House of Orbeliani

The Orbeliani (Georgian: ორბელიანი) was a Georgian noble family (tavadi), which branched off the Baratashvili family in the 17th century and later produced several lines variously called Orbeliani, Orbelishvili (ორბელიშვილი), Qaplanishvili (ყაფლანიშვილი), and Jambakur(ian)-Orbeliani (ჯამბაკურ[იან]-ორბელიანი). They were prominent in Georgia’s politics, culture, and science; remained so under the Russian rule in the 19th century – when most of the Orbeliani lines were received among the princely nobility (knyaz) of the Russian Empire – and into the 20th century.


The Orbeliani sprang off the princes Baratashvili – themselves possible descendants of the medieval house of Liparitid-Orbeli – amid the bloody family feuds in the 17th century.[1] The latter-day Orbeliani claimed Chinese imperial descent and the gentilitial title of Janbakur (later Jambakur; in Persian, "Son of Heaven of China").[2]

This new princely dynasty received the surname of Orbelishvili (later Orbeliani) or Qaplanishvili after its two early members – Orbel (fl. 1600) and his son Qaplan (killed in 1671). The Orbeliani were in possession of a large fief called Saorbelo or Saqaplanishvilo which comprised the southern part of the Baratashvili princedom (Sabaratiano), including much of the Ktsia and the Dmanisi valleys in what is now the Kvemo Kartli region of Georgia. They were considered among the six "undivided" houses of the Kingdom of Kartli, which outranked those that had succumbed to the weakening division of their dynastic allods.[3]

By the early course of the 17th century, when Kartli was under the Safavid Iranian sway, the Baratashvili-Orbeliani clan was the largest noble family in Kartli.[4]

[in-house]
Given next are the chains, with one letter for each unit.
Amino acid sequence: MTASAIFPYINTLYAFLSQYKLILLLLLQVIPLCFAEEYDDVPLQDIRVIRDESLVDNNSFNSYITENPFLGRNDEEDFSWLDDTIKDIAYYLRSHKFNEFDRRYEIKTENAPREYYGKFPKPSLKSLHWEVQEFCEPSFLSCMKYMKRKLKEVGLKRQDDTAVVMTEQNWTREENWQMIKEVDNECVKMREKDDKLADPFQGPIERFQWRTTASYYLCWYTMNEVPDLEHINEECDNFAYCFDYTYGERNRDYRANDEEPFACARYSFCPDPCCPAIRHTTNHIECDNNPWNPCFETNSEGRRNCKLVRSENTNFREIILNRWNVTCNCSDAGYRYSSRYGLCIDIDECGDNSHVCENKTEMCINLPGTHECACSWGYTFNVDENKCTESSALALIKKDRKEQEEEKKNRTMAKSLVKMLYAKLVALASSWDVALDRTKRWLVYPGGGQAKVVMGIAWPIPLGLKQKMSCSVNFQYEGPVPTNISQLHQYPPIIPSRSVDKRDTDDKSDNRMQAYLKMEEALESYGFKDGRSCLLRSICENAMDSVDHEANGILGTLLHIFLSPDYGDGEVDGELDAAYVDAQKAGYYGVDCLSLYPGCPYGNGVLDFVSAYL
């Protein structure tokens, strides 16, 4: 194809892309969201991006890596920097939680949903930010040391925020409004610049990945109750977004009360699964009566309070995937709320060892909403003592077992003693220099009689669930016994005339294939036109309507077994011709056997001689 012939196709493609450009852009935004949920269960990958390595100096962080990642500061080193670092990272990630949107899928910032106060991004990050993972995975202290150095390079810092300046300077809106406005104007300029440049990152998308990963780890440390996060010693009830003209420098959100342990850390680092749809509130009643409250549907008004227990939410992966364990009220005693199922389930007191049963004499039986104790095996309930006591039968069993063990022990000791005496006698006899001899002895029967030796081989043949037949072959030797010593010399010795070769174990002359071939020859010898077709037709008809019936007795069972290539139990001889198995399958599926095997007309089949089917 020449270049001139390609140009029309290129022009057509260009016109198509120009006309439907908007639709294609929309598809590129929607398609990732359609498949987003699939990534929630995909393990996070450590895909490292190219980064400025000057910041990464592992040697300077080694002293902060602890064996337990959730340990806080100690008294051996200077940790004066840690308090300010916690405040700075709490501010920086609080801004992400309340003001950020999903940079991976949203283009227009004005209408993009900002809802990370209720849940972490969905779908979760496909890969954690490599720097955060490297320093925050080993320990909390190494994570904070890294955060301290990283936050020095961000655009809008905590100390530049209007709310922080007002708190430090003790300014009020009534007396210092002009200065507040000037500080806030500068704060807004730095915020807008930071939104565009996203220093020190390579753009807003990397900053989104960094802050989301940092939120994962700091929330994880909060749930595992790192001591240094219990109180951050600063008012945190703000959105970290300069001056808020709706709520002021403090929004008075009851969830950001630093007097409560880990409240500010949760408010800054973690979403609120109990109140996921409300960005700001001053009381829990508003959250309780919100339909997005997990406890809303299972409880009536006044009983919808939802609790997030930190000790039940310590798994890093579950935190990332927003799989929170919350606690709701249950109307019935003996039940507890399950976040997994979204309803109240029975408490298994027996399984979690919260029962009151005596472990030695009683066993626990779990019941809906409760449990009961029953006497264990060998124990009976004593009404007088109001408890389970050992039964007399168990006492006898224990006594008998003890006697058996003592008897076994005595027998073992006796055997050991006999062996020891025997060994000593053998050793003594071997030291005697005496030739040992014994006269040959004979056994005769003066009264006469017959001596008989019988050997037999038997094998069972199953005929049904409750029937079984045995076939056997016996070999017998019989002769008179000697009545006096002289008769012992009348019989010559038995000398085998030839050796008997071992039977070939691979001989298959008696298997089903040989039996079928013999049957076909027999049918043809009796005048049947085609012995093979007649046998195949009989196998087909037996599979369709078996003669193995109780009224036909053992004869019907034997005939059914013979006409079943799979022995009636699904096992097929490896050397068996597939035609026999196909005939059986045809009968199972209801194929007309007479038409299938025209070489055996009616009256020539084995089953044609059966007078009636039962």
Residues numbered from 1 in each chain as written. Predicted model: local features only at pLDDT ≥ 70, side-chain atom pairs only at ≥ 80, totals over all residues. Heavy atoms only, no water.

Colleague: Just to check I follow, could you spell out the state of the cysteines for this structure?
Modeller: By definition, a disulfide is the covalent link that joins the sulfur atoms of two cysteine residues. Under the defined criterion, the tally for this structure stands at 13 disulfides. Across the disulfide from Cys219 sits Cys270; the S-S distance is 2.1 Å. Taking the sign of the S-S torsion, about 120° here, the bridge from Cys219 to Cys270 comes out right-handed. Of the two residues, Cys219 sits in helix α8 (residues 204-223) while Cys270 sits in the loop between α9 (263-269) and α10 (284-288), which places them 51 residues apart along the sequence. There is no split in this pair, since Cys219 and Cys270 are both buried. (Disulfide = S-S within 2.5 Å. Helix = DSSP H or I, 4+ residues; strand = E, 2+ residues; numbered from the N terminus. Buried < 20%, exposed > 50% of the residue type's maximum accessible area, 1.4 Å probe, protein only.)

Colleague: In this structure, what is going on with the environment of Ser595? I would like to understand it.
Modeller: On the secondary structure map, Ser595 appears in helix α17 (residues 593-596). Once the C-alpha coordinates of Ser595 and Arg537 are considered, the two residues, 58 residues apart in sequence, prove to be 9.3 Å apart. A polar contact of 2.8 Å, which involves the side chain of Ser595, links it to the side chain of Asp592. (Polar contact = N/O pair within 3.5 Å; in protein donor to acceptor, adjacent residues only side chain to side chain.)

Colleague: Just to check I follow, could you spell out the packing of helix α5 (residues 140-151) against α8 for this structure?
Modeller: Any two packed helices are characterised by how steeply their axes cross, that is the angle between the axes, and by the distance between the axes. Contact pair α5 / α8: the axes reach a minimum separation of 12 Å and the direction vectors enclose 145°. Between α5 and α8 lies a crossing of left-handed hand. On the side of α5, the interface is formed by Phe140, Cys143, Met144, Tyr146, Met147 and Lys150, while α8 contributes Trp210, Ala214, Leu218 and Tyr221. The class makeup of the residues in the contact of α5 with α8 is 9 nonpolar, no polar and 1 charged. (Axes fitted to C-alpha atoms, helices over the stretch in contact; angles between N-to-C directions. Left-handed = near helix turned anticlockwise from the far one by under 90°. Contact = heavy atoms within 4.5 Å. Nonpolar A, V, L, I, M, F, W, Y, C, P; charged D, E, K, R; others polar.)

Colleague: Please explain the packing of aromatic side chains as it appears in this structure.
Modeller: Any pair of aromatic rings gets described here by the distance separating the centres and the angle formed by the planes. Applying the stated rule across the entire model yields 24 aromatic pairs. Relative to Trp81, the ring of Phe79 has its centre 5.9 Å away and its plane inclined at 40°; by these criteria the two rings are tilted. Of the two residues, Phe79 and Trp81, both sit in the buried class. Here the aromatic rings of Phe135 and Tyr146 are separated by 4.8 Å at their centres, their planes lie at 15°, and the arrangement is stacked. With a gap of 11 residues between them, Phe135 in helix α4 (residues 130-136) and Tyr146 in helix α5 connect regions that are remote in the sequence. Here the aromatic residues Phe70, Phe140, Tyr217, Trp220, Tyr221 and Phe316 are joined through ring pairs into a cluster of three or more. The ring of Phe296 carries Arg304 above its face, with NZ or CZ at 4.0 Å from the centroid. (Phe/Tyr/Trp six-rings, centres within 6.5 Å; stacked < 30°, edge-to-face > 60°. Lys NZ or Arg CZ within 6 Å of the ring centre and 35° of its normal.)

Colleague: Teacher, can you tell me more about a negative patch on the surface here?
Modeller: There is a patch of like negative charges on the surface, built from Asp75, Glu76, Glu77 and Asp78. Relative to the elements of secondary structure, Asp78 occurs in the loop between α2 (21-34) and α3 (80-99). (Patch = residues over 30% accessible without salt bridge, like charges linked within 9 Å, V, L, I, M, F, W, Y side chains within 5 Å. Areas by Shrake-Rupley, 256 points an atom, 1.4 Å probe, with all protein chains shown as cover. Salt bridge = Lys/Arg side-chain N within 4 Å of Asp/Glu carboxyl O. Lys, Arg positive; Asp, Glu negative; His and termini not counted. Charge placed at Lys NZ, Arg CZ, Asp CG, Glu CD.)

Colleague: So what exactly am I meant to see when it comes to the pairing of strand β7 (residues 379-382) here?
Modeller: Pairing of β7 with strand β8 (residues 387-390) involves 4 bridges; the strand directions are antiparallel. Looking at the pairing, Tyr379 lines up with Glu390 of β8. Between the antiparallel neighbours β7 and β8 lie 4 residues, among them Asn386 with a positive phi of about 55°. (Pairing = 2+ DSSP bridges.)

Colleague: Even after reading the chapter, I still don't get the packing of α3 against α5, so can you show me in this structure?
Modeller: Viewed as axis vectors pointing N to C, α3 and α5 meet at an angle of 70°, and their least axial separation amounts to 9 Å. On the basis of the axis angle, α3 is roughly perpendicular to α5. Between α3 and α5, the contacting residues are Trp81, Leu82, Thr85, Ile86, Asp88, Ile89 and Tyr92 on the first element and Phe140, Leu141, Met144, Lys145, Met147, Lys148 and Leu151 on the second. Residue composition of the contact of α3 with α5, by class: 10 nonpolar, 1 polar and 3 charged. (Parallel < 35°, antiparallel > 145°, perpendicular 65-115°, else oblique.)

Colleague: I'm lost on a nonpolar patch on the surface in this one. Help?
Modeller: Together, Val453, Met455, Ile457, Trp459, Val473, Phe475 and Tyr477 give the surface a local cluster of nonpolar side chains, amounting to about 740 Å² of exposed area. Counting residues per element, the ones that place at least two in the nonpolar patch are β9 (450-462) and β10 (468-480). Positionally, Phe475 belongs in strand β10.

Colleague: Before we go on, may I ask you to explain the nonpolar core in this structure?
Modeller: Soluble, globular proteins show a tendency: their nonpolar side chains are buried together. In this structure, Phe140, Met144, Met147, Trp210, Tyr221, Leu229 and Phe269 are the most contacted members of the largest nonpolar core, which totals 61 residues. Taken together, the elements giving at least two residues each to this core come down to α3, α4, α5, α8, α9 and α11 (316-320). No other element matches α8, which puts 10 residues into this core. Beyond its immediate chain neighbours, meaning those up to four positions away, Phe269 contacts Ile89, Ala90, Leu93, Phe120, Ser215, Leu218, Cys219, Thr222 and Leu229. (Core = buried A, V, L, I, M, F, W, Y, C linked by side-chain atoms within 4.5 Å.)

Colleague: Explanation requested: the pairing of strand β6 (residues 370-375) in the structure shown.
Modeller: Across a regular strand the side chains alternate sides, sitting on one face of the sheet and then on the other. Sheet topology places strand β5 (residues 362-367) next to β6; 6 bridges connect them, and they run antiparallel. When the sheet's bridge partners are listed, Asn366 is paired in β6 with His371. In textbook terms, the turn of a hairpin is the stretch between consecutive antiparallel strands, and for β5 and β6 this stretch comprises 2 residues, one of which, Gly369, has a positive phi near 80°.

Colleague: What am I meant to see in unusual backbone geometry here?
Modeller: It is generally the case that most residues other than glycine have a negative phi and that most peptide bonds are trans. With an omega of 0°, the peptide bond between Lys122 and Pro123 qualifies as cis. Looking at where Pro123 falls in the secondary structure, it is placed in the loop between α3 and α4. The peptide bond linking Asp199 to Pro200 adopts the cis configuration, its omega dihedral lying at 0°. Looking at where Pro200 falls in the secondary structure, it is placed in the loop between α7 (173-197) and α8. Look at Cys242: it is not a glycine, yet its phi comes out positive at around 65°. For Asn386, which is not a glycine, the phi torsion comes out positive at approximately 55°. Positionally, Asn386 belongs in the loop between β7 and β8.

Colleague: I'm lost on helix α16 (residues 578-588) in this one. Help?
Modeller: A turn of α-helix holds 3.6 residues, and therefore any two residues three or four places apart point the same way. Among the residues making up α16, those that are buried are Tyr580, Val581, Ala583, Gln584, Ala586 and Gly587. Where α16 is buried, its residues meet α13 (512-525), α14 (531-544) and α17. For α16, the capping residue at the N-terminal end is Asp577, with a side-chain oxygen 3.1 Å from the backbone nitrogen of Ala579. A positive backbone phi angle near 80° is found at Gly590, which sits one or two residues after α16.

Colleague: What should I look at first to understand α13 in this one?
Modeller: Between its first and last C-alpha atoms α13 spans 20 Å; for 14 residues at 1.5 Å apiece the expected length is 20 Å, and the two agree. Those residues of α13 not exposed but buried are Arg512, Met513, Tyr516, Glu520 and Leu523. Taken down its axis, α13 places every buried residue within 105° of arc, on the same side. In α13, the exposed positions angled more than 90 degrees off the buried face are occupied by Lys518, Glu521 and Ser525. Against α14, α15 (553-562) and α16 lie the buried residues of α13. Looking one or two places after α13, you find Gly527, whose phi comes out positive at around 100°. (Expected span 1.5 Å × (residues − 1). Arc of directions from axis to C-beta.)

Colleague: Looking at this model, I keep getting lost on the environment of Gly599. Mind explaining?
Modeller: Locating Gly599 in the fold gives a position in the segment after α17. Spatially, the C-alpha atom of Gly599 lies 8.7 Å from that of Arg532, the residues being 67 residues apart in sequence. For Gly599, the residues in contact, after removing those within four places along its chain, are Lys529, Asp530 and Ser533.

By the 18th century, the Orbeliani exercised sovereignty over almost 100 lesser noble families (aznauri) and 2,000 peasants who lived in nearly 160 villages. They had a palace and familial abbey in Tandzia, castles at Dmanisi, Kveshi and Khuluti, and monasteries in Pitareti and Dmanisi. The members of the Orbeliani family were enfeoffed of the offices of High Constable of Somkhiti, Lord Chief Justice and, jointly with the House of Mukhrani and Panaskerteli, Prince-Master of the Palace of Georgia.[1][5]

Towards the end of the 18th century, the Orbeliani left their patrimonial estates in Kvemo Kartli – plagued by incessant forays by the Turkic tribes – and resettled in Tbilisi, the capital of Georgia.[1]

After the Russian annexation of Georgia, seven Orbeliani lines were recognized in a princely rank: four as Princes Dzhambakurian-Orbeliani (Russian: Джамбакуриан-Орбелиани), one as Princes Dzhambakur-Orbelianov (Джамбакур-Орбелианов), and two as Princes Orbelianov (Орбельянов):

Family Date of recognition Date of confirmation Governorate Notes
Dzhambakurian-Orbeliani I 7 March 1826 22 December 1848, 13 April and 12 October 1849,
28 November 1851
Dzhambakurian-Orbeliani II 9 October 1829 24 November 1854 Tiflis
Dzhambakurian-Orbeliani III 6 December 1850 Tiflis
Dzhambakurian-Orbeliani IV 28 March 1873 Tiflis Authorization for the ward of Prince Dimitri Dzhambakurian-Orbeliani, Fevronia (a natural daughter of Prince Aleksandr Baryatinsky and Princess Elisaveta Dmitrievna Dzhambakurian-Orbeliani, born before their marriage), to take the name and title of her guardian
Dzhambakur-Orbelianov 20 September 1825 28 November 1851, 9 October and 27 November 1858 Tiflis
Orbelianov I 20 September 1825 Tiflis
Orbelianov II 17 June 1852 and 9 July 1853 Poltava This branch came to Russia in the suite of King Vakhtang VI of Kartli in the 1720s

Notable members


  1. 1 2 3 (Georgian) Jamburia, G. „ორბელიანები“ ("The Orbeliani"). Georgian Soviet Encyclopedia, vol. 7, p. 555. Tbilisi, 1984
  2. This genealogical claim also entertained by the medieval Mamikonids led some modern historians to ascribe to the Orbeliani distant Mamikonid ancestry. Toumanoff, Cyril (1949–51). The Fifteenth-Century Bagratids and the Institution of Collegial Sovereignty in Georgia. Traditio 7: 179, n. 39.
  3. Toumanoff, Cyril (1963). Studies in Christian Caucasian History, p. 104. Georgetown University Press
  4. Floor & Herzig (2015). Iran and the World in the Safavid Age p. 481. I.B.Tauris. ISBN 978-1780769905
  5. Toumanoff (1949–51), op. cit.: 180
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